Finder makes money from featured partners, but editorial opinions are our own. Advertiser Disclosure
Compare loans for people on disability
On a limited income? You still have options when you need extra cash.
Loans for people on disability — often called SSI loans — are available even if you have a limited income or less-than-stellar credit. While short-term loans are the easiest to qualify for, you may be able to find more competitive offers from federal credit unions or even the federal government.
Compare short-term loans available to people who receive SSI
We update our data regularly, but information can change between updates. Confirm details with the provider you're interested in before making a decision.
Can I get a loan on disability if I have bad credit?
Yes, there are loans available for people who receive disability or SSI payments and have bad credit. Short-term lenders that offer payday, installment and auto title loans often accept poor-credit borrowers with limited income.
Generally, you can borrow between $100 and $1,000 with a payday loan, and installment and auto title loans tend to come in even higher amounts. Terms range from a few weeks to over a year.
But watch out: Short-term loans are expensive and not available in every state. Interest rates tend to be much higher than credit cards and other types of financing. Because of this, many financial experts advise against short-term borrowing when you’re on a fixed income.
What other types of loans are available for people on disability?
With SSI benefits capped at $783 monthly for individuals, you might think short-term loans are your only option. But there are other types of financing you can consider first:
- Social Security Disability loans. You may be able to receive a loan through SSI’s presumptive disability program. The loan amount is up to one month’s benefits, but you must be under extreme hardship — such as having no shelter or food — to qualify. To learn more, speak with your case worker.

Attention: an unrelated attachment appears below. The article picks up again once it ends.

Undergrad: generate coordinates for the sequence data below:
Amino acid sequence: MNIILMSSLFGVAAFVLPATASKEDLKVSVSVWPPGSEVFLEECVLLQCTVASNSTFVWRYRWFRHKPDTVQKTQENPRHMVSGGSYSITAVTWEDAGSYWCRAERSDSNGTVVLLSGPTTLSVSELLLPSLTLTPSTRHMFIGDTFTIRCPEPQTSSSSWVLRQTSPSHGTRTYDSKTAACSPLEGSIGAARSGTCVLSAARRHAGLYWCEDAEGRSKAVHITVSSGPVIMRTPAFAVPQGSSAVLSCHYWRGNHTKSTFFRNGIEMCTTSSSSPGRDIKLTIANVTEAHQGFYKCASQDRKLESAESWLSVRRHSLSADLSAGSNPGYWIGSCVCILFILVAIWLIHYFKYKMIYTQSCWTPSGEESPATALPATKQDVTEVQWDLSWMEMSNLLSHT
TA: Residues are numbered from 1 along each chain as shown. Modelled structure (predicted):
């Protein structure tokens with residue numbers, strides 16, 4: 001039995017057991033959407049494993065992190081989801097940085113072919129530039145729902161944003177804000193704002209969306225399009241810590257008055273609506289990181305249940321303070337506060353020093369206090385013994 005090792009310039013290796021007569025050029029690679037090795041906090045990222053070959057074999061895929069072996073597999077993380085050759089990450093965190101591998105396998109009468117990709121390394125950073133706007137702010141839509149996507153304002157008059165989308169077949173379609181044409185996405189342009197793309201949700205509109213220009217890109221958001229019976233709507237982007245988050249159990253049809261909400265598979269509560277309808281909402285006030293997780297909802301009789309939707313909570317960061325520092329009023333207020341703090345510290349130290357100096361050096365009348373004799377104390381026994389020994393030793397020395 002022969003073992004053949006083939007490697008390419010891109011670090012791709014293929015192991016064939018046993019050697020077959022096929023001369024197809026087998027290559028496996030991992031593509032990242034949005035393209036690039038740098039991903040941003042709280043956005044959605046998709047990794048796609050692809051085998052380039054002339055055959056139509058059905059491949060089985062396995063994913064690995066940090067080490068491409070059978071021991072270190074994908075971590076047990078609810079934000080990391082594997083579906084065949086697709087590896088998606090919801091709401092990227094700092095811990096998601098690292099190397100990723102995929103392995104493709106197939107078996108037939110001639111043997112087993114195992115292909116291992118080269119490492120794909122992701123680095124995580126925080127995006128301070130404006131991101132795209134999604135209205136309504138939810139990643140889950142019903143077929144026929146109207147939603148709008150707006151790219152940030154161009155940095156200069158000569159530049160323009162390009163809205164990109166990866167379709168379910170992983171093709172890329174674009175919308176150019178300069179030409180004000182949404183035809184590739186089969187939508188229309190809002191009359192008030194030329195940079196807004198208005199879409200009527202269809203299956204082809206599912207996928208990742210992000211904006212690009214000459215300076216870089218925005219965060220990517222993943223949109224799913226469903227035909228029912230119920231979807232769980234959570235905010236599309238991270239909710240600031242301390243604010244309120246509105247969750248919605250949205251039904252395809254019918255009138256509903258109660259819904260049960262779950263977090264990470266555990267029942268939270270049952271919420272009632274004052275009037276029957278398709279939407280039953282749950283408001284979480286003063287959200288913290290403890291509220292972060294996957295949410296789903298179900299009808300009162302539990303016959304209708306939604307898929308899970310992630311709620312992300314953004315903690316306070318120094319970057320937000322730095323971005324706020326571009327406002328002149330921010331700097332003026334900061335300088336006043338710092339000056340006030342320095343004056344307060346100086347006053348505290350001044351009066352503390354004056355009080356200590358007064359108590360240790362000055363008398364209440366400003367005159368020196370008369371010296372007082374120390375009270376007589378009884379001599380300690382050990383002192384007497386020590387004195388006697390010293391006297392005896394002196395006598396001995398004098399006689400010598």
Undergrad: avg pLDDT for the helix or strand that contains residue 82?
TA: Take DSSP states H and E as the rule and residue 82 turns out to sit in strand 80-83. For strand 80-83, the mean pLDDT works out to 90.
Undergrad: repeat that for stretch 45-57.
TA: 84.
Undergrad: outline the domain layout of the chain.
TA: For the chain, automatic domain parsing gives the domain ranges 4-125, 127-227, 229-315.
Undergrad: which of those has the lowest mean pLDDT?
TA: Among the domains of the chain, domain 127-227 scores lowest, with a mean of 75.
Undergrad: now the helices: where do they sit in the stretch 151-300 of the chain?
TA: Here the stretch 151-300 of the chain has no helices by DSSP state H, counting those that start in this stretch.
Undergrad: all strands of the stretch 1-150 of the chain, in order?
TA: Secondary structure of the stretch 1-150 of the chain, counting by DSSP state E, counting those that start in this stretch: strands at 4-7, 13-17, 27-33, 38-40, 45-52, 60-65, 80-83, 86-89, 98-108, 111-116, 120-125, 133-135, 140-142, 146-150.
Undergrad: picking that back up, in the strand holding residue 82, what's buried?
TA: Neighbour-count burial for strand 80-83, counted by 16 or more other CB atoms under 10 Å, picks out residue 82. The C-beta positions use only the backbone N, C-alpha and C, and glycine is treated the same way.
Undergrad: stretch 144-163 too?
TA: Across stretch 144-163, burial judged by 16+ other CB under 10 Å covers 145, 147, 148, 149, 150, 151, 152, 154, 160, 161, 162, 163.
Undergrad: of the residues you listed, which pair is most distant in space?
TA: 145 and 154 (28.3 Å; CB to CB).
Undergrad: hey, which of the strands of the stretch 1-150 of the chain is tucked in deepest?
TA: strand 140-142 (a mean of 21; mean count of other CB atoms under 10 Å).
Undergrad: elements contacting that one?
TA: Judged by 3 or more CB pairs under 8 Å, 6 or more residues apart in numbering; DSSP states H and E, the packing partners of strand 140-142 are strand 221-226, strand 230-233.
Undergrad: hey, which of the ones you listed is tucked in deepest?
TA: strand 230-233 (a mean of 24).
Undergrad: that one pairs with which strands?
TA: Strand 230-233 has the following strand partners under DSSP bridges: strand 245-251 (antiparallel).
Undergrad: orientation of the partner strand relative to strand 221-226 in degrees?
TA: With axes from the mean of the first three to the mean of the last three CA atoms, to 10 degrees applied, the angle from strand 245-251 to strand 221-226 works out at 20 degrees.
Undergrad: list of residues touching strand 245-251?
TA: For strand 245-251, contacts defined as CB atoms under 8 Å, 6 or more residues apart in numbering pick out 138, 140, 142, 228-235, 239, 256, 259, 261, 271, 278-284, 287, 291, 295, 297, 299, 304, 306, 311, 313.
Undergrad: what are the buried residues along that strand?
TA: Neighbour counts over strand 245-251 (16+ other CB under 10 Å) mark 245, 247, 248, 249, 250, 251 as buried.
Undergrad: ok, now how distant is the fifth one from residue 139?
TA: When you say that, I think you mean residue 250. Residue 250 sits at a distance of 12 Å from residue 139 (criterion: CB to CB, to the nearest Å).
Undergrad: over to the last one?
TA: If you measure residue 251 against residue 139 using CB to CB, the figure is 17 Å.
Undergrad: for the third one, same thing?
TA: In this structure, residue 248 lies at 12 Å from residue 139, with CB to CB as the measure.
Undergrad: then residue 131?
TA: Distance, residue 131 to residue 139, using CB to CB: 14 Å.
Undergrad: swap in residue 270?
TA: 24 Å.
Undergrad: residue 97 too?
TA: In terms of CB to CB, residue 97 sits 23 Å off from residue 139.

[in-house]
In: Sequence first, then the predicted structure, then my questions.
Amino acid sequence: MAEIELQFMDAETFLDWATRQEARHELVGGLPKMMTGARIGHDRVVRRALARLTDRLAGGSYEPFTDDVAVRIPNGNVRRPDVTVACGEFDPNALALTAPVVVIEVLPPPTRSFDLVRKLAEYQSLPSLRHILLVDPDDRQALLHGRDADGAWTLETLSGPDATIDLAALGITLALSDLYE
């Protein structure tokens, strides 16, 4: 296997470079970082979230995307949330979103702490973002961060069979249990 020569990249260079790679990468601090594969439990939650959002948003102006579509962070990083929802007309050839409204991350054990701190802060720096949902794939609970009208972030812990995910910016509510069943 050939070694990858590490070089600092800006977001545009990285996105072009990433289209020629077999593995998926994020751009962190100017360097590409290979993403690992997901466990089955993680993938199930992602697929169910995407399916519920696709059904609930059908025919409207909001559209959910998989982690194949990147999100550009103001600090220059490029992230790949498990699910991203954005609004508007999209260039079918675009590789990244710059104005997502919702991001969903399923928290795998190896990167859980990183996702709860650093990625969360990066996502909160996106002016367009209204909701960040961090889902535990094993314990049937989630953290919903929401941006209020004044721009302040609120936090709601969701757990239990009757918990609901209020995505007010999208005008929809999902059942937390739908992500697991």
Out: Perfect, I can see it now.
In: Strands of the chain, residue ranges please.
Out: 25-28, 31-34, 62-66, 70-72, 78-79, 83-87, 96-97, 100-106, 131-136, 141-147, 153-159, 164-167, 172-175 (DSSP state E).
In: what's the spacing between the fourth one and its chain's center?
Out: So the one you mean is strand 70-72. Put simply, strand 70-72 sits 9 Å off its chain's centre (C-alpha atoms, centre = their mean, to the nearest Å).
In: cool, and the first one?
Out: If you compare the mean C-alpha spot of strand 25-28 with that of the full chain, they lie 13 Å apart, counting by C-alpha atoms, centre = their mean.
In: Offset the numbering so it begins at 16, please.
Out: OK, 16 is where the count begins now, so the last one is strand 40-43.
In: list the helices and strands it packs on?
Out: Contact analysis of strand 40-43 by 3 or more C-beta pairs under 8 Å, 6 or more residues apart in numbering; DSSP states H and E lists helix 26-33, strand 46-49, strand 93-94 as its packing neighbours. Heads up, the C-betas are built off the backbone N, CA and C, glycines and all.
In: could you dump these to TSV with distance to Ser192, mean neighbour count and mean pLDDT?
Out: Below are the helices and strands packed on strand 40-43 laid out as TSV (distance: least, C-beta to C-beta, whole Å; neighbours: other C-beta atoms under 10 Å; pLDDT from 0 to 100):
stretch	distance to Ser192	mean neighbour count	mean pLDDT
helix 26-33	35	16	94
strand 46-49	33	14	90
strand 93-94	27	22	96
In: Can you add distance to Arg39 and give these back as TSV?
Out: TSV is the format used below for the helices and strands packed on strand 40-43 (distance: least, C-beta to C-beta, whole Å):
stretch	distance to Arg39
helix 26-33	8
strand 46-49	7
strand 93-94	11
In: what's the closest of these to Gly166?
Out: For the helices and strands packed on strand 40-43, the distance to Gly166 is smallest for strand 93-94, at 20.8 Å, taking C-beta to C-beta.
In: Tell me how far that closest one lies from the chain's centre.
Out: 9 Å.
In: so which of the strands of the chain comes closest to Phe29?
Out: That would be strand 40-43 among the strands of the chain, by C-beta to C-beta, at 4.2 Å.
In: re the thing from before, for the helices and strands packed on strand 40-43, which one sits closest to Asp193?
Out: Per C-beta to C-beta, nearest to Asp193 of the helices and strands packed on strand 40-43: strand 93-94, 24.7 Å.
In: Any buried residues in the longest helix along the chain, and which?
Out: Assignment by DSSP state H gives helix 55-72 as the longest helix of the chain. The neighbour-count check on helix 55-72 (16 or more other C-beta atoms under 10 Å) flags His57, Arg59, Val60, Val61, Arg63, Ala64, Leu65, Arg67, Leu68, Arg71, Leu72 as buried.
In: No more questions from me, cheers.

- Payday alternative loans. Some federal credit unions offer payday alternative loans (PALs) up to $1,000 with APRs capped at 28%. You must be a member of the credit union for at least a month to qualify, however.
- Personal loans. If you have other forms of income, like a pension or child support, you might qualify for a personal loan. Otherwise, consider applying with a cosigner. Credit unions and online lenders typically have less-strict income and credit requirements than larger banks.
- Home equity loans. Are you a homeowner? You may be able to borrow against your home’s equity through a home equity loan or line of credit. This is a secured loan — meaning you use your house as collateral — but it often comes with more lax eligibility criteria than an unsecured personal loan.
- Credit card cash advances. This may be an option if you already have a credit card and haven’t borrowed up to your credit limit. Credit card cash advances have lower rates than payday loans, with APRs usually around 30% — not including additional fees.
- Short-term loan alternatives. If you have bad credit or can’t qualify for a personal loan because of your limited income through SSI, you may want to consider a short-term loan alternative. Our guide includes a list of state resources.
What does the Social Security Administration consider a loan?
A loan is any cash, food or shelter items you agree to pay back. As long as the agreement is enforceable by state law, it counts as a loan. This means it doesn’t count as income — unlike a gift you don’t have to repay — and doesn’t reduce your SSI benefits.